I am a member of the United Methodist Church. If you are not familiar with the recent proposed division, you can read more about that here.
As I consider the ongoing divisions and denominations of Christ’s church I recall the words of Peter at the end of John 6. The title of the section is “Many Disciples Desert Jesus.” The Savior addressed a disgruntled crowd with the essential truths that His body and blood would become an offering for which they all needed to partake. I want to acknowledge it is
possible LIKELY that most turned away to seemingly greener pastures of baked lamb over roasted Nazarene (seems like an easy choice at first glance, no?). Jesus asked them “You do not want to leave too, do you?” and Peter replied, “Lord, to whom shall we go? You have the words of eternal life. We have come to believe and to know that you are the Holy One of God.”
That is the basis on which I make the following claim: If you are a Christian, your place is in the church. What church looks like can be different for everyone, but hopefully it is in part a small group where you are able to discuss your heart and your struggles. There is no other long-term sustainable way to live out the Christian life. It involves many commands on how to treat one another and also outlines forming a living witness to the truth of the Gospel. The former is impossible and the latter is implausible without Christian community.
Some of my dearest church family members hold political views directly opposing mine. Still, we stand together, praise together and cry together. This is community. This is what Jesus does: He takes people who would normally be shouting at each other from different sides of the aisle and He makes them care so deeply for one another. Apart from Christ, where else does this happen?
- Where else will people of different political beliefs be joined together for a common purpose?
- Where else will people of different races be joined together, supporting one another and praying for each other?
- Where else will people of different economic statuses be joined together, investing in each others’ lives and raising their children alongside one another?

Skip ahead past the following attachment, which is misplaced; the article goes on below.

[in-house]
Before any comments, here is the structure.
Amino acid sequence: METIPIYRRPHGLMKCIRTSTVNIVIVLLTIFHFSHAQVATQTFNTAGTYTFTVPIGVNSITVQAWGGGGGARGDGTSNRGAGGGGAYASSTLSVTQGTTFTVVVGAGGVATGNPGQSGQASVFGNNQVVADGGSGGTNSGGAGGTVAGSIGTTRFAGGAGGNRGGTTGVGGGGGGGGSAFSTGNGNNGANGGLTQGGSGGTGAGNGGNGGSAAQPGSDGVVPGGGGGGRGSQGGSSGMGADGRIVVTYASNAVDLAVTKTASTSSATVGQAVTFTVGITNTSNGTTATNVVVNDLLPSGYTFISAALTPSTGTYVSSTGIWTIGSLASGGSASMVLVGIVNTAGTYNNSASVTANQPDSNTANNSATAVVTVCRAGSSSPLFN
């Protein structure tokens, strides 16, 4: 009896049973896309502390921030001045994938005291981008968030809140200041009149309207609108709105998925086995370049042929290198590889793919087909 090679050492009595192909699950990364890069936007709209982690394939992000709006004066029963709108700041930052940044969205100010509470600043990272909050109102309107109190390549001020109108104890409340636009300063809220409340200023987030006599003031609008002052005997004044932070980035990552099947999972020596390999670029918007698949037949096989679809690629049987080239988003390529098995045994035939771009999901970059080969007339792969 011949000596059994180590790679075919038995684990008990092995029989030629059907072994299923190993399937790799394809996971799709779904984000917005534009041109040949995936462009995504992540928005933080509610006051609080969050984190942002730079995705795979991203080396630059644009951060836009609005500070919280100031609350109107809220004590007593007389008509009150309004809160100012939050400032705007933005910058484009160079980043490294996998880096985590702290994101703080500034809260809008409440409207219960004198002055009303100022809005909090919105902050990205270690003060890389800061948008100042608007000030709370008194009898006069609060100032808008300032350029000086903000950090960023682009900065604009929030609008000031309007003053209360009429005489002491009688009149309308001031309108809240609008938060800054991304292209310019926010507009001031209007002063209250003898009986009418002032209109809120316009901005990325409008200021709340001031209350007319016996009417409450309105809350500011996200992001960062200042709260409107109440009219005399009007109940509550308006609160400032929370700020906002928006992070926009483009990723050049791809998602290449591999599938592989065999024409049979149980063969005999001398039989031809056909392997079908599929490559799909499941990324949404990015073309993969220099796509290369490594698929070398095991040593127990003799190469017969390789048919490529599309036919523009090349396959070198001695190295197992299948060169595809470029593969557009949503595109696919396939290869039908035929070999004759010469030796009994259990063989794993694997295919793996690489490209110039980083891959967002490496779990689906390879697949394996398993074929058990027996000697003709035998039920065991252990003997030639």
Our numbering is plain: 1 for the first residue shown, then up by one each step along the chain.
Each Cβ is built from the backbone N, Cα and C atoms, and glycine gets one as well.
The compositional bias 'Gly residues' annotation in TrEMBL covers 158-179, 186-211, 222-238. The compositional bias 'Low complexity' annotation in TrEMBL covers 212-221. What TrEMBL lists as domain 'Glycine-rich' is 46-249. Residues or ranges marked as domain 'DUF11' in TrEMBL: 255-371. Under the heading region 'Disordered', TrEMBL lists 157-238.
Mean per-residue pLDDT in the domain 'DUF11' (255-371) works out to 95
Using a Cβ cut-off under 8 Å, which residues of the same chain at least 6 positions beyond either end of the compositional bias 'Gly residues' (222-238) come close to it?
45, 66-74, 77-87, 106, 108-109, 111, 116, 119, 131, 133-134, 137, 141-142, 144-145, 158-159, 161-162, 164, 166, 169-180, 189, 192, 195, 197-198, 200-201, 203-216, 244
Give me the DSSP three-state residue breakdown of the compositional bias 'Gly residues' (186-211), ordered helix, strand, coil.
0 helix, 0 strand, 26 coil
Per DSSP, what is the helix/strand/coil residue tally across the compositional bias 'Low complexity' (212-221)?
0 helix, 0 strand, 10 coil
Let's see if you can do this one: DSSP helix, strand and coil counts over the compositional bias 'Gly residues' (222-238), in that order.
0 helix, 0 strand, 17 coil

Church is not the problem. Church is the solution.
The problem with Christian community develops when it becomes homogenous. Christians should be consistent in main doctrinal tenants such as the life, death and resurrection of Christ. However the congregational goal should be to vary in diversity according to every other category.
When churches are homogeneous the “other” becomes objectified and extra-biblical cultural norms develop, such as standards what is an acceptable outfit to wear to church or which political party is socially acceptable. Diversity in church ensures that we focus on the one thing that brings us together: God! It also makes us more empathetic toward those who are different.
I’ve mentioned on my blog before that some of my more conservative friends have called me their “favorite liberal.” In some ways I hold conservative views, and in some ways moderate views. Nevertheless, the fact that I am their “favorite liberal” implies they do not like liberals very much in general. This puts me in an interesting spot in two ways.
1) They can ask me questions they may not be able to ask anyone else with whom they’re on less than close terms without erupting into a huge argument.
2) They may second-guess what they’ve thought about liberals before.. and because they know my heart, they might think twice before dismissing them as entitled lunatics.
Now let’s try something. What makes you different from your current (or former) congregation? What about you is holding you back from entering into Christian community? God has given you a unique perspective on something, a position you specifically are meant to use to minister, break down boundaries, and point to Him. Unsurprisingly, He will take some of your views and challenge them within Christian community. Be teachable. Let Him. Church is the essential place to wrestle with those challenging ideas. Don’t be intimidated by a difference in thought and assume there is not a place for you in God’s house. After all, Jesus is the Way, the Truth and the Life. Apart from him we will not be able to find truth.
I echo Peter’s words in saying, “Where else would we go?”
In the Trinity’s Diversity,